Living My Pledges on the Running out of Time Climate Relay!
My move it pledge was to adopt a travel hierarchy to apply to my run training and racing. This works whereby I have a series of priorities to apply when planning my running:
- Can I stay as local as possible, although most races involve some travel.
- Can I fit it into other life commitments such as training whilst my daughter is at theatre rehearsals or to complete a race whilst on holiday.
- Can I get public transport.
- Can I travel with friends
- If all of the above fails I can use our Electric car (recent addition from a hybrid and petrol before that)
The recent Running out of Time Climate Relay gave me a perfect opportunity to test the practicality of using public transport for a running event. It also enabled me to indulge my planning geekiness! Who doesn’t love the planning associated with a run adventure: how and when will I get there, what kit do I need (most of my racing is on the trails or fells which tends to have kit requirements), what food am I going to eat before, during and after, how am I going to tackle the running part etc. Anyway, you get the idea.
I live in a little village between Doncaster and Sheffield so had identified stage 67 as a practical stage to target. This started at Dronfield Station on the outskirts of Sheffield and ended at the Crooked Spire (look it up – a bit of a local landmark) in Chesterfield. This would mean two trains both ways with a bit of waiting in between.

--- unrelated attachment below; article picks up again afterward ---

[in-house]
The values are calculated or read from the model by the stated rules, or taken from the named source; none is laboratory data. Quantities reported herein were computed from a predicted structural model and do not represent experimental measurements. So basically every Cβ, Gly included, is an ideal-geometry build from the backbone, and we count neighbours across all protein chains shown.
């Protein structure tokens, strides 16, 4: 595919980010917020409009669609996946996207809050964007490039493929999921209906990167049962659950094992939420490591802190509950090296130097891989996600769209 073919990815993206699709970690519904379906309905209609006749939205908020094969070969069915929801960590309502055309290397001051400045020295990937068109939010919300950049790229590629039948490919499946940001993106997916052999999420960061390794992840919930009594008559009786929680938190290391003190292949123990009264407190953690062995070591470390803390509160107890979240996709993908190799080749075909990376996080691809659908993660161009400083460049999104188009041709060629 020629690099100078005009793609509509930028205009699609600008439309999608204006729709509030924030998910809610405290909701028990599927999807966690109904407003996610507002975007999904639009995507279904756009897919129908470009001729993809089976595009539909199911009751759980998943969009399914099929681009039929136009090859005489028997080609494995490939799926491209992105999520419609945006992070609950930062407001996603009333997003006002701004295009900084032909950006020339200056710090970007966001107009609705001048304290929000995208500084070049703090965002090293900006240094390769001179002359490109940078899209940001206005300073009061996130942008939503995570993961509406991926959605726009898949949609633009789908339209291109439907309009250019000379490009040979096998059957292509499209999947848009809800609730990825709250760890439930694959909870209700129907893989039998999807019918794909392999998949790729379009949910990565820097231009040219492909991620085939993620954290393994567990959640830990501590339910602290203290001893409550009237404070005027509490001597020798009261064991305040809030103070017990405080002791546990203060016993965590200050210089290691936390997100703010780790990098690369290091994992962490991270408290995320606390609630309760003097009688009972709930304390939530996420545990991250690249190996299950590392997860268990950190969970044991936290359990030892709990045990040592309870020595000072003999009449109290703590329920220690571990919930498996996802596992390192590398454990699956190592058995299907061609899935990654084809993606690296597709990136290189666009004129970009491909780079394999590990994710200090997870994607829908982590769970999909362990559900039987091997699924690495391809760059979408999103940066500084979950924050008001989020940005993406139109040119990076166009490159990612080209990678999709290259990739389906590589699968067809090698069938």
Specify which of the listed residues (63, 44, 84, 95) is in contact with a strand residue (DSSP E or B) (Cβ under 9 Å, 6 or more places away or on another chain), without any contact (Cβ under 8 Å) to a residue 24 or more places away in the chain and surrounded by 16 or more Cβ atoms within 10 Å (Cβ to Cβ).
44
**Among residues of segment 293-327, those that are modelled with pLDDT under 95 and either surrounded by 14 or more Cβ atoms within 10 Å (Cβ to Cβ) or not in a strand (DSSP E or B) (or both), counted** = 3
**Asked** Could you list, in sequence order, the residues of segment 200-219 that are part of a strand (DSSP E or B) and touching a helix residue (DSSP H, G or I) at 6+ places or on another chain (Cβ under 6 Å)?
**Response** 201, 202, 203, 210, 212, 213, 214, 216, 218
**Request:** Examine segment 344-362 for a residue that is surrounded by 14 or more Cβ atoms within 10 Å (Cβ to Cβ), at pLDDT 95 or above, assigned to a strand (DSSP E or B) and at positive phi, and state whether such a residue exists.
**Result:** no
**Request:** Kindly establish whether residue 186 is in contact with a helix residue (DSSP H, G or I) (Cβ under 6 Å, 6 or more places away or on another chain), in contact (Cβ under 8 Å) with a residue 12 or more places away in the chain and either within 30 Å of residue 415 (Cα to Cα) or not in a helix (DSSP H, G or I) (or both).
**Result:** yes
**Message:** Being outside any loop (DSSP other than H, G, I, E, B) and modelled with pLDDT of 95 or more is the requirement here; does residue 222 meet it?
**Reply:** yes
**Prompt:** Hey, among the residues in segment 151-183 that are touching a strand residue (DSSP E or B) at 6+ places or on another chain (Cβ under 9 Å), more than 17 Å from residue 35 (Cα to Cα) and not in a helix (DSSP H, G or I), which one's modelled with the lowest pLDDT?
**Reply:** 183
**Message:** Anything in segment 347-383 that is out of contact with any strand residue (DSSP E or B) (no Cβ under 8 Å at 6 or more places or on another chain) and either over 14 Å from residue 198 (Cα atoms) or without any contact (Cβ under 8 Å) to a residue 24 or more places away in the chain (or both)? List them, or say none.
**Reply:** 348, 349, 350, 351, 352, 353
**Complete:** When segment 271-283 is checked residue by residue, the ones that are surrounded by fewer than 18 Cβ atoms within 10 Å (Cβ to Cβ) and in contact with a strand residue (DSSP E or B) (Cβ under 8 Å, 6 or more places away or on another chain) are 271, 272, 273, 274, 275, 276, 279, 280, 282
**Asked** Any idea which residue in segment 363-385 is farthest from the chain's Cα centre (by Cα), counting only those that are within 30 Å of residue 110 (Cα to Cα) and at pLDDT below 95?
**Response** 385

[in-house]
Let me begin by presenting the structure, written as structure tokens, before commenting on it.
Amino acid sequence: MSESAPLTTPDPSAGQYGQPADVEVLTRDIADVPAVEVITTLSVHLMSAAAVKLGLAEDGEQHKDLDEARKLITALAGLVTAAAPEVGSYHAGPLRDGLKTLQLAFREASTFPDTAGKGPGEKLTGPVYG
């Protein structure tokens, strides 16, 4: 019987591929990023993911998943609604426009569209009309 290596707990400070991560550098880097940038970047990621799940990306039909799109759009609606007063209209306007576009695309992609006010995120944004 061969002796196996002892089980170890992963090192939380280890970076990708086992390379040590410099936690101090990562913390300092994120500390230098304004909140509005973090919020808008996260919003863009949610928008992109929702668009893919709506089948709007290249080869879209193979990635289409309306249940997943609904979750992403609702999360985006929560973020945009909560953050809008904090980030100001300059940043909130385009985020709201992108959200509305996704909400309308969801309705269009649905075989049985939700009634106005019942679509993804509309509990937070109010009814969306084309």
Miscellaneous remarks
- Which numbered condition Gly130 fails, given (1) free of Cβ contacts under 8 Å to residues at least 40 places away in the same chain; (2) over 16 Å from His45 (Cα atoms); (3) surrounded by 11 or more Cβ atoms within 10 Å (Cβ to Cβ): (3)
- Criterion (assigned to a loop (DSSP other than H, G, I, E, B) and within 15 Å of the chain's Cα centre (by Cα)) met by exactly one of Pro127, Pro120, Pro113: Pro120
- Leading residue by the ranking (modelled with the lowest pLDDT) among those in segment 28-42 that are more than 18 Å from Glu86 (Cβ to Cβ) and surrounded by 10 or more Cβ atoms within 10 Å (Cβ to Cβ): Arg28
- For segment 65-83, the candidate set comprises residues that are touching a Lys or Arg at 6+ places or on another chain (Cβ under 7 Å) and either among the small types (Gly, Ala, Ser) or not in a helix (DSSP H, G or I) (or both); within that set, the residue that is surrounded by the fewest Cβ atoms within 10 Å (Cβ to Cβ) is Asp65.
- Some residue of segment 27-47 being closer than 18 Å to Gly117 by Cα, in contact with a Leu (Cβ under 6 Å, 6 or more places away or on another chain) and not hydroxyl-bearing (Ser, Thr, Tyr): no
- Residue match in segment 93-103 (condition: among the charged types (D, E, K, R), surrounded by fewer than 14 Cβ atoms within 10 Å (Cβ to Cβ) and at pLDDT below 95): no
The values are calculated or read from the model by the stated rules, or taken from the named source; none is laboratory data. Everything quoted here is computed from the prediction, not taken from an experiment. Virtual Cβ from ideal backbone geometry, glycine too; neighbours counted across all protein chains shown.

A prompt finish to work (at home) and I was off on a straightforward first stage of my journey on a local train into Sheffield. Unfortunately, on arriving in Sheffield I had 45 minutes to kill. For those of you who know Sheffield Station you will now there is only one thing to do if you have some spare time and that is a trip to the Sheffield Tap. This is a cracking real ales pub in the station. In fact, it must be something about South Yorkshire train stations as Doncaster has an equally enjoyable pub on platform 3 called the Draughtsman. This has come to my rescue many times when connections have been missed.
Anyway, I digress. Unfortunately, on this occasion I could only look longingly at the many beers on offer, I really didn’t think it would be advisable to sink a pint before the run. This time I made do with a soft drink and some chill out time reading my book.
Time for my next train and a 15 minute journey to Dronfield. On arriving I had another 30 minutes wait time before my relay leg so it was more escapism in The Overstory (even had a climate themed book on the go – Sorry Damian “You can’t run away from this” is next). To be honest it was quite nice to have some quiet time and I now felt ready for the most important part of the evening, the run.
David, the lead runner, arrived and thankfully confirmed he knew the route as he drove it every day – Garmin navigation wouldn’t be needed! A family, one of whom had worked at Cop26, turned up to cheer us off and then the three runners from the previous stage arrived proudly carrying the baton before them. Cue lots of photos and shaking of hands before we set off for Chesterfield.